William came up to meet with Sector 40's lead civil services administrator, the former prince Redlin, alone.
He took a seat in front of his desk.
" No Lyena?" Redlin asked.
" It's rather late," William answered. " He's sleeping."
" So why aren't you?"
William smiled, setting his elbows on the cluttered desk.
" We agreed to pardon the niece," William informed him. " With the caveat that she'll be extradited here. And become a staff member on the Theologica."
Redlin looked a bit surprised.
" He... actually agreed to something like that?" he asked.
" Did you think he wouldn't?"
" Well... Yes. But Ulgir was so desperate, I felt like if there was any chance, I kind of had to ask," Redlin said, hesitant.
William sighed, setting his chin in his hand.
" It did take some convincing," he said after a moment.
" Really, the fact that someone got him to change his mind about something is the most shocking thing I've heard in years," Redlin said. " He's been stubborn as a stone wall since he was a little kid. I can't imagine what anyone would have to do to get him to agree to something like this."
" Is he really so bad?" William asked.
" He nearly killed me, so yeah," Redlin answered bluntly. " He was still... kind of a kid, then, granted. Ho-sha-ku, that's uhh... like, twenty-four in DASS standard?"
He rubbed his forehead.
" I should be used to the time thing by now, huh," he said. " The 360 convention."
" It is standardized to prevent this sort of stress," William said.
Another pause; Redlin looked back up at him.
" What do you want that kid, Ulgir's niece, on your ship for, anyway?" he asked. " I heard you've been catching a lot of flack for associating with our kind too much recently. You're just gonna throw more heat onto your sector."
" It'd be nice for the Starka from Thrace to have a specialized doctor," William said. He paused again, for a moment, choosing his words carefully. " Besides... In this case, wouldn't it be better for me to have crew members without inconvenient ties?"
Redlin gave him a bit of a look.
" So being from Diurn's Reltal isn't an inconvenience for your agenda?" he asked.
" Why would it be? I got Lyewa-Prima from him," William said.
" You got Lyewa-Prima?" Redlin asked, catching on the phrasing.
" Well, yes. I won a duel against Lyewa-Diurn. Nova had nothing to do with it," William said.
Redlin's ear flicked.
" ... You're close with Lyena?" he asked.
" We're... as he says... raeli," he informed Redlin with no small degree of smugness.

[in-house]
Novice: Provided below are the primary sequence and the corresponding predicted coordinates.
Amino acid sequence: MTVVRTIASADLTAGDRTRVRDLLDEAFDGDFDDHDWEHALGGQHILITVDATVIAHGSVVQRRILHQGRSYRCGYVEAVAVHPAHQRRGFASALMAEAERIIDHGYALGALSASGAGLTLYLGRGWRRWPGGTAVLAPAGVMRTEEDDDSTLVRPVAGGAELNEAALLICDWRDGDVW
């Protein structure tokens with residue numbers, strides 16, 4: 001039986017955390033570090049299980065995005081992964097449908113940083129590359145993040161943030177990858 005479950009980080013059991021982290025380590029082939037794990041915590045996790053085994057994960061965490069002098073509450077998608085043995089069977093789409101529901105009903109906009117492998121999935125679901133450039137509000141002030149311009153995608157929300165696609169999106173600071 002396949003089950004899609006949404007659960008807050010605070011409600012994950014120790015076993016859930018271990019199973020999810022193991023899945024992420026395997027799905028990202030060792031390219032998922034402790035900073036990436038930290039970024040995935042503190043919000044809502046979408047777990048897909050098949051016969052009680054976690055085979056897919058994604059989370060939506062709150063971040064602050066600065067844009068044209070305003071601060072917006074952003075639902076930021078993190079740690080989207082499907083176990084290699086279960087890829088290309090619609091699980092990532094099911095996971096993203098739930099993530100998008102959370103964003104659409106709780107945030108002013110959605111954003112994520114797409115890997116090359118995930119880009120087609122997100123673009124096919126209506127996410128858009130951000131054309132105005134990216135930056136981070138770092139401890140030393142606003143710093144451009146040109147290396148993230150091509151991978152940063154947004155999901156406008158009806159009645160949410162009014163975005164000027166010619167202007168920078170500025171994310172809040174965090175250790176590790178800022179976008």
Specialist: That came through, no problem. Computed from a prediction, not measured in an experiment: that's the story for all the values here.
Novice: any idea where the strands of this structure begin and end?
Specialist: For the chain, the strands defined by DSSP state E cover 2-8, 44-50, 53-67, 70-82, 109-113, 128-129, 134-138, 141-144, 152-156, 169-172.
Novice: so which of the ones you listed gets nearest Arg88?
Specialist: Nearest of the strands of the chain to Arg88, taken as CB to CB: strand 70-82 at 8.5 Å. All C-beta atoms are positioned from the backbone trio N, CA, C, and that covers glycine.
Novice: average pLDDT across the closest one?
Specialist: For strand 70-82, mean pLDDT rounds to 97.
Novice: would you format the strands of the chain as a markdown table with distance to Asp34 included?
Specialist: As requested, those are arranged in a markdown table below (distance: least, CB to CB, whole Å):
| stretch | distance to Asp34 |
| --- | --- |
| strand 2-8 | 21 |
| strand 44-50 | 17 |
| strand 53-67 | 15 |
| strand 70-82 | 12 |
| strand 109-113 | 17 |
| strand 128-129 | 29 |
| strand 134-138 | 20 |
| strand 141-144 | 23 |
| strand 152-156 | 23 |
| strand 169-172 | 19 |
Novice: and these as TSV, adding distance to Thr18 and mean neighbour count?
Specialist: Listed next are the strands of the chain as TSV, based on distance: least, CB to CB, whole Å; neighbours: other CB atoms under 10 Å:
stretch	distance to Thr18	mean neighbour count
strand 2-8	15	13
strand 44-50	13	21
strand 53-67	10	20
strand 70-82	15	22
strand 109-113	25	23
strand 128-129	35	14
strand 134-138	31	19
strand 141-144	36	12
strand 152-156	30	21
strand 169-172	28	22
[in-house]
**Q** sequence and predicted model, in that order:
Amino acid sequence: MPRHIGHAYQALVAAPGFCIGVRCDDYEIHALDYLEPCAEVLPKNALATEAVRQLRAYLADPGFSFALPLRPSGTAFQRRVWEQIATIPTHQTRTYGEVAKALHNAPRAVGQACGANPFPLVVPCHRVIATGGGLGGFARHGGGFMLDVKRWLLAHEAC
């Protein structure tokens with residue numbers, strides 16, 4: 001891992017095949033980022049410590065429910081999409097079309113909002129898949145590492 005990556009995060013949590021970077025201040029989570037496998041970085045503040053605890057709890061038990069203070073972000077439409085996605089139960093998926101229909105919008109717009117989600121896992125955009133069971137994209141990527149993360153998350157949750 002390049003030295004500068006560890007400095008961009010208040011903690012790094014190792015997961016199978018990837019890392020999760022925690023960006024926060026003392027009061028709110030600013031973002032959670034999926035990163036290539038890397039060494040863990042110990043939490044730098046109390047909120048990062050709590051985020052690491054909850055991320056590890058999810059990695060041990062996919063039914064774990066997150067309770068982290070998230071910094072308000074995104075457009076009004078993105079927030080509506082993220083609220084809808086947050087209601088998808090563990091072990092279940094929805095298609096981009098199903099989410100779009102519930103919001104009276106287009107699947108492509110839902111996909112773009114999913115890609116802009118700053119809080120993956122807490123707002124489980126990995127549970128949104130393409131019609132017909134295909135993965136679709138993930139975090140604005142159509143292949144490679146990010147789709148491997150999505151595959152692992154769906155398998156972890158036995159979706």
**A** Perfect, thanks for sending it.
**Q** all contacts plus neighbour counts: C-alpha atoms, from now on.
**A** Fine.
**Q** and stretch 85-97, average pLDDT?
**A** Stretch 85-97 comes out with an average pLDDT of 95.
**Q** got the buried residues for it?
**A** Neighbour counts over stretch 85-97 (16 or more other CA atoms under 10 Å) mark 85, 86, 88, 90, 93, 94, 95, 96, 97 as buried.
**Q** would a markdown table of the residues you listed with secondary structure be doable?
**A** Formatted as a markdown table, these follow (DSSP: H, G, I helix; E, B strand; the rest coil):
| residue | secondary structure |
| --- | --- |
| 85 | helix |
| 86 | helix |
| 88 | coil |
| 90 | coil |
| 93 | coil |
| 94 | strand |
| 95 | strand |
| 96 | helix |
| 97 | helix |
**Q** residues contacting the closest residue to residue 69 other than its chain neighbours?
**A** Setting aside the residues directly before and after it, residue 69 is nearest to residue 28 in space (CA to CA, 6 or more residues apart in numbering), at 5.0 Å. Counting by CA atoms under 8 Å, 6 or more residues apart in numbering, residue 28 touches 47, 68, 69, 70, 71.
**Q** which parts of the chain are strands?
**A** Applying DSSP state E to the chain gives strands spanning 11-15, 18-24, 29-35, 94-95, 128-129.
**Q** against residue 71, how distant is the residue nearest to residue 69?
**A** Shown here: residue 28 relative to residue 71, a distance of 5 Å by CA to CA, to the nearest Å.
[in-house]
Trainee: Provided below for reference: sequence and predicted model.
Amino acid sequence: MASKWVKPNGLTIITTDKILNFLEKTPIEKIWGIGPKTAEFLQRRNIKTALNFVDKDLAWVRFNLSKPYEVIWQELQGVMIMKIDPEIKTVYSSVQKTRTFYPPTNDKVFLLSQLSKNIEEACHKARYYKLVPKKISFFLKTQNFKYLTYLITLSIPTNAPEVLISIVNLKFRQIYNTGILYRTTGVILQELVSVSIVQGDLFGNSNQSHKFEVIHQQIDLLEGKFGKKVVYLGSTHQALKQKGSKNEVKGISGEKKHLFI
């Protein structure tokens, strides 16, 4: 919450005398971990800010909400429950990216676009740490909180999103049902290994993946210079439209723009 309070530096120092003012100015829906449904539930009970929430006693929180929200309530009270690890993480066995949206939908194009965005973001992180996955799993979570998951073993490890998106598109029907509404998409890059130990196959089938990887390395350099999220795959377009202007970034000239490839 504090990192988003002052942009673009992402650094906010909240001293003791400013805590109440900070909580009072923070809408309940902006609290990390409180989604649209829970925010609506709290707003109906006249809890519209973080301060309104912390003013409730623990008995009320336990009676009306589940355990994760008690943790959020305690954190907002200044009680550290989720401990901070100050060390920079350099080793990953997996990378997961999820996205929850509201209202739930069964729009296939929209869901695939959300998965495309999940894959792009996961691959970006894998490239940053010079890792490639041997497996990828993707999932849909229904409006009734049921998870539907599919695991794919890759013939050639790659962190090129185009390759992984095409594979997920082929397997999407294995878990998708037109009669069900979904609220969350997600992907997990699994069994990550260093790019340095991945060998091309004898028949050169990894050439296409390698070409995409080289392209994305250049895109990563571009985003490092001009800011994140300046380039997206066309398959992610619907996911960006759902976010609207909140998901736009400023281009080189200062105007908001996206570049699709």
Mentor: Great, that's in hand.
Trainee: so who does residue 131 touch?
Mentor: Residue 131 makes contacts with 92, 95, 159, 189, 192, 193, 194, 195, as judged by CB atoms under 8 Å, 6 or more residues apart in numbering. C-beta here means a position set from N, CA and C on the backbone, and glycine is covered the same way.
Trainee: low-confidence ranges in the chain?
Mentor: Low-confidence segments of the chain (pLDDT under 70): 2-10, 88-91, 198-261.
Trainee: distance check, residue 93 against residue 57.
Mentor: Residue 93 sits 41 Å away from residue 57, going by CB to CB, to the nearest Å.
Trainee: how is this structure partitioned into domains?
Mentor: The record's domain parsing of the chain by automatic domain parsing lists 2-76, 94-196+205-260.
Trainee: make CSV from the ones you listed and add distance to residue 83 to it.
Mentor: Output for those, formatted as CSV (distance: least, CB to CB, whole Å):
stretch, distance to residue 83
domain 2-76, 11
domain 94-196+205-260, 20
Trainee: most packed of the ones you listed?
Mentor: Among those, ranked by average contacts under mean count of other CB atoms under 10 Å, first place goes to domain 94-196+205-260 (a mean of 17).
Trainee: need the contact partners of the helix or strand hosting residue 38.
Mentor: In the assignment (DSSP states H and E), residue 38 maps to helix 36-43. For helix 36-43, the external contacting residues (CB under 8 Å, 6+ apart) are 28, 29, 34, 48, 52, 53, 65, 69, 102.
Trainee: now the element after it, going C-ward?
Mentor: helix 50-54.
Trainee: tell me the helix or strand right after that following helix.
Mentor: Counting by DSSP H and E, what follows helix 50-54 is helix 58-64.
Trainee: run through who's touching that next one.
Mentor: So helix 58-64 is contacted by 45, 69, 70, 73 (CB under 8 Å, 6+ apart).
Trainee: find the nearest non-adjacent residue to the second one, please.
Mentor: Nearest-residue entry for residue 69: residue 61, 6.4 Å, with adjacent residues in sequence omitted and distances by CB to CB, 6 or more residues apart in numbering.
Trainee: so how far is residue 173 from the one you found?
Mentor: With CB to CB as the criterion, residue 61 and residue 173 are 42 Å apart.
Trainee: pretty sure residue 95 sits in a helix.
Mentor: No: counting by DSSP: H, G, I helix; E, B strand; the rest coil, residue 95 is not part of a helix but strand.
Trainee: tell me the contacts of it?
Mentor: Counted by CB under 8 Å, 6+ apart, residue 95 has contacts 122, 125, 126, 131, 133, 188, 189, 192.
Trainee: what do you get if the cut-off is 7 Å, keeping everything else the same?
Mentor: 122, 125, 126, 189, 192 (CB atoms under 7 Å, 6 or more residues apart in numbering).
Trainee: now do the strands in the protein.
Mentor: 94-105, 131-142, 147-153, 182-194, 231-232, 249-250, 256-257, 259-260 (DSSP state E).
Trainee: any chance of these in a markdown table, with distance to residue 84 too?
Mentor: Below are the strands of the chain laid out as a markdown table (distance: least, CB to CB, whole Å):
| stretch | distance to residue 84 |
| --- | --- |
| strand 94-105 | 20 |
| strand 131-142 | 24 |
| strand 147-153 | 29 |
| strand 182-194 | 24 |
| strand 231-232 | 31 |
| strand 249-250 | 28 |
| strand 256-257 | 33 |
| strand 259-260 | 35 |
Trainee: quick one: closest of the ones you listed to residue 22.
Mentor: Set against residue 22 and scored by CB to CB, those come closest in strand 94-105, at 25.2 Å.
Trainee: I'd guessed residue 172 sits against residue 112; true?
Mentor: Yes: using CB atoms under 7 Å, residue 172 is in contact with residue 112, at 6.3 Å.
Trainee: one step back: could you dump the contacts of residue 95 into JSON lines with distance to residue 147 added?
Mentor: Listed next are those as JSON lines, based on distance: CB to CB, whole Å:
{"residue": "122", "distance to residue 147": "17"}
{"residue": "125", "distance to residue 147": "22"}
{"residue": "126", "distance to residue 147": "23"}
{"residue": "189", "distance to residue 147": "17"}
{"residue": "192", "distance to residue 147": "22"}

Redlin's eyes went wide, and he jumped up.
" You're fucking kidding me," he exclaimed. " Lyena's with that judge's brother. I'd believe that Sturm's sun froze over before I believed that kind of bullshit! What are you up to?"
William hadn't expected such a strong reaction, and so was taken aback. It also displeased him to hear mention of Mordau.
" I'm... not up to anything?" he said placidly, a bit confused. " Even if I was, why would I lie about something like that?"
Redlin was still looking down at him with an expression William couldn't quite read.
" That's what I want to know," he said. " I can accept the Lyena being in DASS... I can accept that he'd change his mind about Ulgir's niece, even... but..."
His brow furrowed as he contemplated William.
" What's so difficult to understand about us being together, then?" William inquired politely.
The air felt tense, in the sort of electric way William felt when someone didn't want to fight him. Shock. A difficult to navigate situation.
" Lyena... Was always close with the former Lyena, after all," Redlin said. " And... he never accepted me and Ulgir."
His evaluatory gaze towards William remained hard.
" You're... a human being. And the one who defeated him in the war. The Lyena I know would sooner kill you."
Hearing this left William with a uncomfortable feeling.
" Nova loves me," he said.
" Love and rae are different things," Redlin replied stiffly.
William did not let it show that this statement took him off-guard, so he continued.
" I don't know what sort of 'Lyena' you know, administrator, but he's evidently not Nova," he said.
Redlin's judgment didn't soften.